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That's life on the bus.

#169
Monday,
July 25, 2022

A Hispanic woman got onto the bus, and she was pushing a stroller with a baby in it. The bus waited while she latched the stroller to a chain for safety's sake, and I noticed two things. First, she was kind of attractive, and second, she was wearing a t-shirt that had four rows of Calvin. The t-shirt said:

CALVIN
CALVIN
CALVIN
CALVIN

"Is your kid's name Calvin?" I asked her.

She said no, seemed confused, so I nodded at her t-shirt. "Oh," she said, "no — it's Calvin Klein."

And what the hell am I gonna say to that? 

A while back I wrote about what a treat it was when a bus driver refused to wait for people who weren't at the bus stop — the wavers and lollygaggers and people looking the other way. So here's the opposite story.

On the #131 bus, we were at a stop on First Avenue, and the light turned green, so the bus was ready to roll. Across the street, though, an old lady was waving at the bus driver. The light that had just turned green was also her signal to walk, so the driver waited for her. By the time she'd crossed the street and boarded the bus and paid her fare and taken her seat, the light was red again, so she'd cost us a full cycle. Two or three minutes.

I ain't mad at her, though. That's life on the bus.

What annoyed me like a grinch was, she turned out to be a talkity-talk-talker, so for the next two miles she told everyone on the bus about her job at the hospital, and about the bad, bad KFC she'd had for dinner last night, and the medicine she has to give to her dog by grinding up pills into his Alpo, on and on.

I came close to saying "Blah blah blah blah," which I have sometimes said to babbling idiots on the bus, but instead I said ohhhm to myself, and just stared out the window and wished we'd had that driver from last week. That driver would've simply rolled away when the light turned green, and that talkity-talk-talky old lady would've been on the next bus instead.

There's a bum who's always around when I'm at Mrs Rigby's Diner. Only one, and it's always the same bum, a very skinny black dude. Never any trouble. Sometimes he asks for spare change and my answer is always no, but he's OK about it. He comes into the restaurant sometimes, but he doesn't panhandle inside, just beelines to the john and then leaves.

One Saturday when I was inside, waiting to see if any family would arrive, through the front window I saw my mom and Katrina parking to join me for breakfast, and as my mom got out of the car the bum said something to her. When I asked, she told me he'd only said something nonsensical about the flip-flops she was wearing.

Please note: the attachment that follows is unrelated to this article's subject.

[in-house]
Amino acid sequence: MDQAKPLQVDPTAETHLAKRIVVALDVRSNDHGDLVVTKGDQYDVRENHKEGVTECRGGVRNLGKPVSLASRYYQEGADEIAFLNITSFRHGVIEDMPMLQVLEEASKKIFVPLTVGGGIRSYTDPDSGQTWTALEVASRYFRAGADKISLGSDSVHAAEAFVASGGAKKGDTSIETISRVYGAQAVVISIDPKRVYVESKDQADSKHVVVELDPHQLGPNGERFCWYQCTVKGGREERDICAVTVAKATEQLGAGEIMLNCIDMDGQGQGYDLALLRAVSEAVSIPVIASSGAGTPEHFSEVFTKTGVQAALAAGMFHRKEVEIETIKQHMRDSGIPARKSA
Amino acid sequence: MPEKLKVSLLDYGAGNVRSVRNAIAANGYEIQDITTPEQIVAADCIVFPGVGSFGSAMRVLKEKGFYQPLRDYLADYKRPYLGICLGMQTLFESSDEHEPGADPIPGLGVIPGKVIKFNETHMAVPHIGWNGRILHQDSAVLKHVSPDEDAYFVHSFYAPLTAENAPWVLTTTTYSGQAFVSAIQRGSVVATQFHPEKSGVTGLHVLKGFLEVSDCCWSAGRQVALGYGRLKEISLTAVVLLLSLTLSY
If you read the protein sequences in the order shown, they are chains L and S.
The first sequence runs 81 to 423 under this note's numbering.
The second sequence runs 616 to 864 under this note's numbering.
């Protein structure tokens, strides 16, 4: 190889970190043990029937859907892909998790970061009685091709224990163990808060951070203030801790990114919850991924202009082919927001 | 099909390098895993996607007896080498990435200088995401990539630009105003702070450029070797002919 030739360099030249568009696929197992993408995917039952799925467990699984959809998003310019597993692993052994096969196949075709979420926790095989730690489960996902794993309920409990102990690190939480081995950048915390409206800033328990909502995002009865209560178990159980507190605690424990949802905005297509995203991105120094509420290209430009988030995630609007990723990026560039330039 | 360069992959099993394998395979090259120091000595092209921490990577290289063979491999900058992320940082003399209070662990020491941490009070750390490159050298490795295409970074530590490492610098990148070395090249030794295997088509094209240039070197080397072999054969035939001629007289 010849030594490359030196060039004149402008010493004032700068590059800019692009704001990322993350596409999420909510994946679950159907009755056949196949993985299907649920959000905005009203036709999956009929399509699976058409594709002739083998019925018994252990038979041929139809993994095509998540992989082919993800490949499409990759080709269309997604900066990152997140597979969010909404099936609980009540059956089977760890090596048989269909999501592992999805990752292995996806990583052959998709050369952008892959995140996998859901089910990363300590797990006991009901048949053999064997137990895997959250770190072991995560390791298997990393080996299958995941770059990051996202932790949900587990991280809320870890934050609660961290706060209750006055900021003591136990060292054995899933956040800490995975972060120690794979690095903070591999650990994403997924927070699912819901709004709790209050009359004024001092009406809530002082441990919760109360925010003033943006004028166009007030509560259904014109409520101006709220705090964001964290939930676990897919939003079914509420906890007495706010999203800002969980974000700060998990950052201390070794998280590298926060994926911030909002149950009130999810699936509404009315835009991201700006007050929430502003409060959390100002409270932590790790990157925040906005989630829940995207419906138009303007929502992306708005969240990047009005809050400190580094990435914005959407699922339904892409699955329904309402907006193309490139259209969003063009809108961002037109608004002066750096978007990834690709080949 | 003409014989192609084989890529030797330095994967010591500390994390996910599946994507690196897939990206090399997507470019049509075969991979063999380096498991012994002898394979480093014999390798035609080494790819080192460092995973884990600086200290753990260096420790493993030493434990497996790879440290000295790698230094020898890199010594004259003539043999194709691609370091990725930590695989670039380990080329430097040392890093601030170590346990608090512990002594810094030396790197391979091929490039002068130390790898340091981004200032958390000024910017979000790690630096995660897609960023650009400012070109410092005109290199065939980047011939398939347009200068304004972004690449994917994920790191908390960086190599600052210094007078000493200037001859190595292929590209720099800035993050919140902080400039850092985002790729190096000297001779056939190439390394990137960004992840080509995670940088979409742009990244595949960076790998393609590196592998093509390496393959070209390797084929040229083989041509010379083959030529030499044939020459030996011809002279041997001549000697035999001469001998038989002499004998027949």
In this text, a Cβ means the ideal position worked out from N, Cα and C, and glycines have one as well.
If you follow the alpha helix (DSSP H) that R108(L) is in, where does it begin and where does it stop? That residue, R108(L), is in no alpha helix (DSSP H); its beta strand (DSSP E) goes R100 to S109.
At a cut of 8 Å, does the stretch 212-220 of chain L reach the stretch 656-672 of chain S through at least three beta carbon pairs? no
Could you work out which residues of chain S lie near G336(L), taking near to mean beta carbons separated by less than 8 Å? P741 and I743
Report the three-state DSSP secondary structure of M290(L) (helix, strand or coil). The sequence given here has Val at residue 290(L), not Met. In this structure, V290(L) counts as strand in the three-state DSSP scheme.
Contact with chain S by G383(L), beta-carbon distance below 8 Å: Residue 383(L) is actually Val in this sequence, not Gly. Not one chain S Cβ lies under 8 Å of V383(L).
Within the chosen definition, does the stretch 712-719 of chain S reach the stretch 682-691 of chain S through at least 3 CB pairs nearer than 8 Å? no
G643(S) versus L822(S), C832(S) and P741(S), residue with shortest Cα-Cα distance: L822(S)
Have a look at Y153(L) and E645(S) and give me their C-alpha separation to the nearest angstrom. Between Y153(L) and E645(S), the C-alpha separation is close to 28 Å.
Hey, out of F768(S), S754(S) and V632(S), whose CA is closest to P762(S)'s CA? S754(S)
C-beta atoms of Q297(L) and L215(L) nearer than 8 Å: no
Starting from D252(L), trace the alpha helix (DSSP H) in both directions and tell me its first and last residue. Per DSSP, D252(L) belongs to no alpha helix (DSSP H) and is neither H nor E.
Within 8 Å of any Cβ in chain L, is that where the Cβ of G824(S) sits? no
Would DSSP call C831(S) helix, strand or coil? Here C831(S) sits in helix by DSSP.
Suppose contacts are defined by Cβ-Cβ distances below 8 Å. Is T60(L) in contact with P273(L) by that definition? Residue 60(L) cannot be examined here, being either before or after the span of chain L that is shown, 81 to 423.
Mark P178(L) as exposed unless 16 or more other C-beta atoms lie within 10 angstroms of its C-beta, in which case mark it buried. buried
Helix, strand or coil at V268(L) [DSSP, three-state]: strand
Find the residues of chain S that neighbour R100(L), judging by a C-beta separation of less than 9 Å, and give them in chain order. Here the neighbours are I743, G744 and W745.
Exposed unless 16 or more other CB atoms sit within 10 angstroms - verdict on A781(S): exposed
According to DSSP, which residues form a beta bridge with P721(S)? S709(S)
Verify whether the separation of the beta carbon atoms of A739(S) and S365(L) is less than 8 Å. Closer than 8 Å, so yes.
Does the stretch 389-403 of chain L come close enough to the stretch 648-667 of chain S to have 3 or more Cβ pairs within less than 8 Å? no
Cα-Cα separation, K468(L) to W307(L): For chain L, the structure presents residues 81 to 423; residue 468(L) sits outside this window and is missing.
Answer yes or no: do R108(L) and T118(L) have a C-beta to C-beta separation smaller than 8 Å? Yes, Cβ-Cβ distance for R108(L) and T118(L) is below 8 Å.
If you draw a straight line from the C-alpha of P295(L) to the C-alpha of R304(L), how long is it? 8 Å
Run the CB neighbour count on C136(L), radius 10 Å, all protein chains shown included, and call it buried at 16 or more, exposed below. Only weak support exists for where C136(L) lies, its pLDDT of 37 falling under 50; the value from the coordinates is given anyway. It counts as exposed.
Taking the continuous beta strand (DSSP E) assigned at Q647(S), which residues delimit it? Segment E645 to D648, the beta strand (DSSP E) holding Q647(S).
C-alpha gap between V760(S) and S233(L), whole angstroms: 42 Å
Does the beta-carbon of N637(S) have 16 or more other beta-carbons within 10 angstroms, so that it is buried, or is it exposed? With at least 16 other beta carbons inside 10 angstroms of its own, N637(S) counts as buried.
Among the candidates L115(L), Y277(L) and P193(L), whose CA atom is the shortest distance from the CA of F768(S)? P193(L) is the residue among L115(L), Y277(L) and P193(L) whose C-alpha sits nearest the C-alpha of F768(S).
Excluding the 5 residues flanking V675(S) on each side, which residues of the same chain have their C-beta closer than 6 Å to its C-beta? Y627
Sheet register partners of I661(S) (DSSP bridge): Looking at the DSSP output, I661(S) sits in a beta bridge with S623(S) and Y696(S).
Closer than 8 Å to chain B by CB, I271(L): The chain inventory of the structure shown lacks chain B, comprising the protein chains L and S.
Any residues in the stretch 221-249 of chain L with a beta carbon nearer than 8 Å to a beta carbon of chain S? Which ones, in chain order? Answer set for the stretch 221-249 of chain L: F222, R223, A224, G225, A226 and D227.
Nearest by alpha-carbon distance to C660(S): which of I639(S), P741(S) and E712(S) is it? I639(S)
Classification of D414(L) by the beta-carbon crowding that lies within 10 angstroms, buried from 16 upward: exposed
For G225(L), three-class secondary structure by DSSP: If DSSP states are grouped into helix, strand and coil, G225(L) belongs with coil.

Your basic well-behaved homeless dude, right? Well, I went to the diner soon as the sun came up this morning, and that bum showed me a new side of himself. He was asleep on the sidewalk, not in front of the restaurant but a few doors down, in the door of a bodega that wasn't yet open. Snoozing like a painting he was, but with his pants down and his butt in the sunshine. Probably for warmth, but c'mon. Nobody wants to see a bum's bum before breakfast.


Waiting at a bus stop, I saw a most peculiar sight in a small strip mall's parking lot. Imagine this: A man walked the lot, carrying a deep bucket in one hand and a grabber in the other. He was picking up litter with the grabber, and depositing it into the bucket. When the bucket got full, he emptied it into a dumpster, then resumed picking up trash. My bus came and I got on, so I never saw the parking lot cleared of all litter, but let's assume for the sake of argument that this was accomplished.

Why is this such a rare event that I'd even notice it?

Litter is collected at bus stops, by cleaning crews that come by about once weekly, and at city parks, more often — perhaps even daily. Giant street-sweeping machinery runs along the city's main arterials early in the morning, some mornings. Along the sidewalks, though, along the freeways, and along the streets deemed too unimportant for street-sweepers, the trash remains forever.